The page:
Comments

  1. Lovely to hear from a book artist! She's producing some beautiful projects - and I'm going to go and look at more of her work now, Philip. Thanks!

    ReplyDelete

Post a Comment

Popular posts from this blog

How to etch a linoleum block

Linoleum as a material for printmaking has been used for nearly a hundred years now. Normally, you cut an image out using special gouges similar to woodcut tools, cutting away the lino around the image you want to print. This is called relief printmaking, because if you look at the block from the side, the material that remains stands up in relief from the backing material. You then roll ink with a brayer over the surface of the block, place paper over it, and either print by hand or run it through a press. You can do complex things this way (for example, reduction linocuts), but the beauty of the process is that it is quick, simple, and direct.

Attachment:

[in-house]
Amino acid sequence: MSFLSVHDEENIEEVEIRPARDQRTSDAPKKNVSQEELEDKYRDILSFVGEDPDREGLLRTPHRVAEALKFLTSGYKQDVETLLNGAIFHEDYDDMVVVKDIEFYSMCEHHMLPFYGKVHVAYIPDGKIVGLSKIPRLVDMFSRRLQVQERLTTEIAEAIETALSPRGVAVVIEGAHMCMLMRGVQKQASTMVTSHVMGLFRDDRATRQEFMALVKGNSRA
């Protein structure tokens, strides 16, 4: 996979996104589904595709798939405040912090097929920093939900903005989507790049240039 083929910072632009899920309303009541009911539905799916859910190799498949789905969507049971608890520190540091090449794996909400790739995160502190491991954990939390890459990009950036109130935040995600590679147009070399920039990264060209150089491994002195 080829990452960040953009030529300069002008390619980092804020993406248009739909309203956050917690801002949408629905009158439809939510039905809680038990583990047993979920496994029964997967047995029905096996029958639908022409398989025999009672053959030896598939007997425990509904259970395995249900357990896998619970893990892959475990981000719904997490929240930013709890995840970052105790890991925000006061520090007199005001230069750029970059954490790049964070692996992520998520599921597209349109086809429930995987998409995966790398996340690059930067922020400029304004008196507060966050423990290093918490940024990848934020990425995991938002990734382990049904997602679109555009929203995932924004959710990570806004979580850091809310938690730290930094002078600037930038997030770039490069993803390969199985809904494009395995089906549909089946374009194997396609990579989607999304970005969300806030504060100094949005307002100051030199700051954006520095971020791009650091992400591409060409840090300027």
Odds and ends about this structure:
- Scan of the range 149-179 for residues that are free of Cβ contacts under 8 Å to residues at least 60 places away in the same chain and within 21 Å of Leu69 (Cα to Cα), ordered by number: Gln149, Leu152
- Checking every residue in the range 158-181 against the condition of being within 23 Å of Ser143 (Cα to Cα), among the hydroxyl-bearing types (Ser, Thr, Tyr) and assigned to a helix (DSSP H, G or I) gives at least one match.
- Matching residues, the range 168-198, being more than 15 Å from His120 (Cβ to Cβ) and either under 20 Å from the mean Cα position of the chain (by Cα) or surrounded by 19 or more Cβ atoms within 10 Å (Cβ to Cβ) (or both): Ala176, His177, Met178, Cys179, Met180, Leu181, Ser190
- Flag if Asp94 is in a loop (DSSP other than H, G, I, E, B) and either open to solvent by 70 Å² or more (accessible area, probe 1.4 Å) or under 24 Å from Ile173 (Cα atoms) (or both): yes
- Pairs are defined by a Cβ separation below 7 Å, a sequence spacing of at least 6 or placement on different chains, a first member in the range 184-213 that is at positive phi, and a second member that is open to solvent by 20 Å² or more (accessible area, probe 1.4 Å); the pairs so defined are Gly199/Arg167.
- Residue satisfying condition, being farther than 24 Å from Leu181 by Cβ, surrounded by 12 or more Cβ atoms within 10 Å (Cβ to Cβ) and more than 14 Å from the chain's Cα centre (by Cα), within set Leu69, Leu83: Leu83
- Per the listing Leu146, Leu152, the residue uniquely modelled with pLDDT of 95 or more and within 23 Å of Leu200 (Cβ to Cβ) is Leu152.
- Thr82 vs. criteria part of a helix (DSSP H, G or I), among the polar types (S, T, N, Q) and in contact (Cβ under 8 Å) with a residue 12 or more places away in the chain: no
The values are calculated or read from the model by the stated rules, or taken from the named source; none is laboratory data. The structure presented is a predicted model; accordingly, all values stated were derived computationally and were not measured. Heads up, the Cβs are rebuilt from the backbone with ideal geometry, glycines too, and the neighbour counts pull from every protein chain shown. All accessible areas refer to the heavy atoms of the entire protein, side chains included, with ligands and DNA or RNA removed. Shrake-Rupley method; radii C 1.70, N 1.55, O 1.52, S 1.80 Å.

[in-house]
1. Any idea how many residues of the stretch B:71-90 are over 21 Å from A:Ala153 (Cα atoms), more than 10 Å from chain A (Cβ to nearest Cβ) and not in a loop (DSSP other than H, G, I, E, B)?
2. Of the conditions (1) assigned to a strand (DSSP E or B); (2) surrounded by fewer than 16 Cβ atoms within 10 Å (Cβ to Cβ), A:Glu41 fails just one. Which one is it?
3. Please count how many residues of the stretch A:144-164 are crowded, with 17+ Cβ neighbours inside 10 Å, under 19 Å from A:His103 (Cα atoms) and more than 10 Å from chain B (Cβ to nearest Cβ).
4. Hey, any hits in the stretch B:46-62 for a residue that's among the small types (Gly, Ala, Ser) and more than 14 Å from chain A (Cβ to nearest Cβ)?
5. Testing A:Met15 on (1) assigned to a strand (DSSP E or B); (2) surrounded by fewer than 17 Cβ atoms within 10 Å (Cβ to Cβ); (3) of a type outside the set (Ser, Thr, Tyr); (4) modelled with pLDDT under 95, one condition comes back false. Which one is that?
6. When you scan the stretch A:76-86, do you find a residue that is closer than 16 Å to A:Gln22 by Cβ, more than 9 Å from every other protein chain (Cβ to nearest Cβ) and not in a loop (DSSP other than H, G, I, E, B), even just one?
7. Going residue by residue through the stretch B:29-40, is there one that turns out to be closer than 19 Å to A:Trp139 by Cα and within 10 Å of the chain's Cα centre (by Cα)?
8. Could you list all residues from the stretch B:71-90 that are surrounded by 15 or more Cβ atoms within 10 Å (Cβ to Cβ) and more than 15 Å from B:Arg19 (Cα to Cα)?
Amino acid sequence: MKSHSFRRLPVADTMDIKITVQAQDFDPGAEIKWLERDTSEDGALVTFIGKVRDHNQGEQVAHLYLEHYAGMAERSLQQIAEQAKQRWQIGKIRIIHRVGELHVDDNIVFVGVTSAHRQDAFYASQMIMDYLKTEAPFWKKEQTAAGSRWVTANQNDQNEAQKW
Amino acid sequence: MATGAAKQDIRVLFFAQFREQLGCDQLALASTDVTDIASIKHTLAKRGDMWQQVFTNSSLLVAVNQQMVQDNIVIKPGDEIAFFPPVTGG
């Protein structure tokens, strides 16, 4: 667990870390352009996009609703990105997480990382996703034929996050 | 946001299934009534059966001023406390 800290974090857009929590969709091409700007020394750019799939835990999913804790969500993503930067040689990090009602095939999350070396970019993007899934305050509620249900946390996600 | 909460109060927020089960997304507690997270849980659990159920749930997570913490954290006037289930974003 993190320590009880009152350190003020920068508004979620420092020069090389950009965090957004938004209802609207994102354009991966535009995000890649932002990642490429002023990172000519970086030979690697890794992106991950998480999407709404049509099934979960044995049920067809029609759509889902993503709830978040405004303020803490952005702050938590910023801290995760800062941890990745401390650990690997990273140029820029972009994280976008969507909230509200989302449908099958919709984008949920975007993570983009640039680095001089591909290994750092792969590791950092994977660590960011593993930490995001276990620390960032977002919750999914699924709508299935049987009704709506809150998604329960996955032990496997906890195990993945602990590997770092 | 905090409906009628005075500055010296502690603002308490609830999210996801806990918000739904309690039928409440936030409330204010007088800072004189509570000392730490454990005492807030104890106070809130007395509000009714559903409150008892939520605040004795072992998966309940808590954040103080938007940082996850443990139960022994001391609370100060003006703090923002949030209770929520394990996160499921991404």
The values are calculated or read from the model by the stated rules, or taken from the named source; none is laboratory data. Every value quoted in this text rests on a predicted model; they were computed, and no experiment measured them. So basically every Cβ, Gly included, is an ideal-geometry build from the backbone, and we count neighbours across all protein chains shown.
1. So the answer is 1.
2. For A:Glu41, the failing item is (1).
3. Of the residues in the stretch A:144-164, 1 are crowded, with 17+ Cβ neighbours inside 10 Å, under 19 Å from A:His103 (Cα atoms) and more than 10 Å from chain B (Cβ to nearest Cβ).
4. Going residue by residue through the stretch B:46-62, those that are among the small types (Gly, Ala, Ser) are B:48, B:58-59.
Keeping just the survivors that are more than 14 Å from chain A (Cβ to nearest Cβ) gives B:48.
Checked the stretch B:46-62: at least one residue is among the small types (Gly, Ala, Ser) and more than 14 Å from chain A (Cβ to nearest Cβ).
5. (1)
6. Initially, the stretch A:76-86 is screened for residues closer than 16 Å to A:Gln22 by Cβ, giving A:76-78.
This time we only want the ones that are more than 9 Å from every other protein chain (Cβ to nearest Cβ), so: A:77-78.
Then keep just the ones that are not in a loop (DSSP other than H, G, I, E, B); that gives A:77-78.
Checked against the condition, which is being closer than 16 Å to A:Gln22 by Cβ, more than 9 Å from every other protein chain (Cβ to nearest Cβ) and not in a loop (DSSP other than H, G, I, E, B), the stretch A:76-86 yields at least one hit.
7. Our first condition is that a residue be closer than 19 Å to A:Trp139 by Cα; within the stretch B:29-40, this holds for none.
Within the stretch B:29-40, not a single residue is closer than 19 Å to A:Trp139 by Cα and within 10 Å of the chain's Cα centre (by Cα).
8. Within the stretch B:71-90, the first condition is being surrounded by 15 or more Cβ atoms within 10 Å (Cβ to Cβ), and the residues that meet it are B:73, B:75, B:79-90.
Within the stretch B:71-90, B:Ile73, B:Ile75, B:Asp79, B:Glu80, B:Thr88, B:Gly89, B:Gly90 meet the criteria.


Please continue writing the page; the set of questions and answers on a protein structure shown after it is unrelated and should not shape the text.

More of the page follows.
A few years ago, I saw some prints that were classified as coming from etched linoleum blocks, and I loved the textures I saw in them. In the last few months, I've been trying to use this technique in my own studio, learning about it as one does these days from websites and YouTube videos. I've also had email exchanges with several pr…

Brancusi in Plastic

Artist Mary Ellen Croteau is showing these columns made from recycled plastic cartons and lids in the window of the Columbia College bookstore on Michigan Avenue. They are a playful homage to Brancusi's "Endless Columns", with a serious environmental message for our times: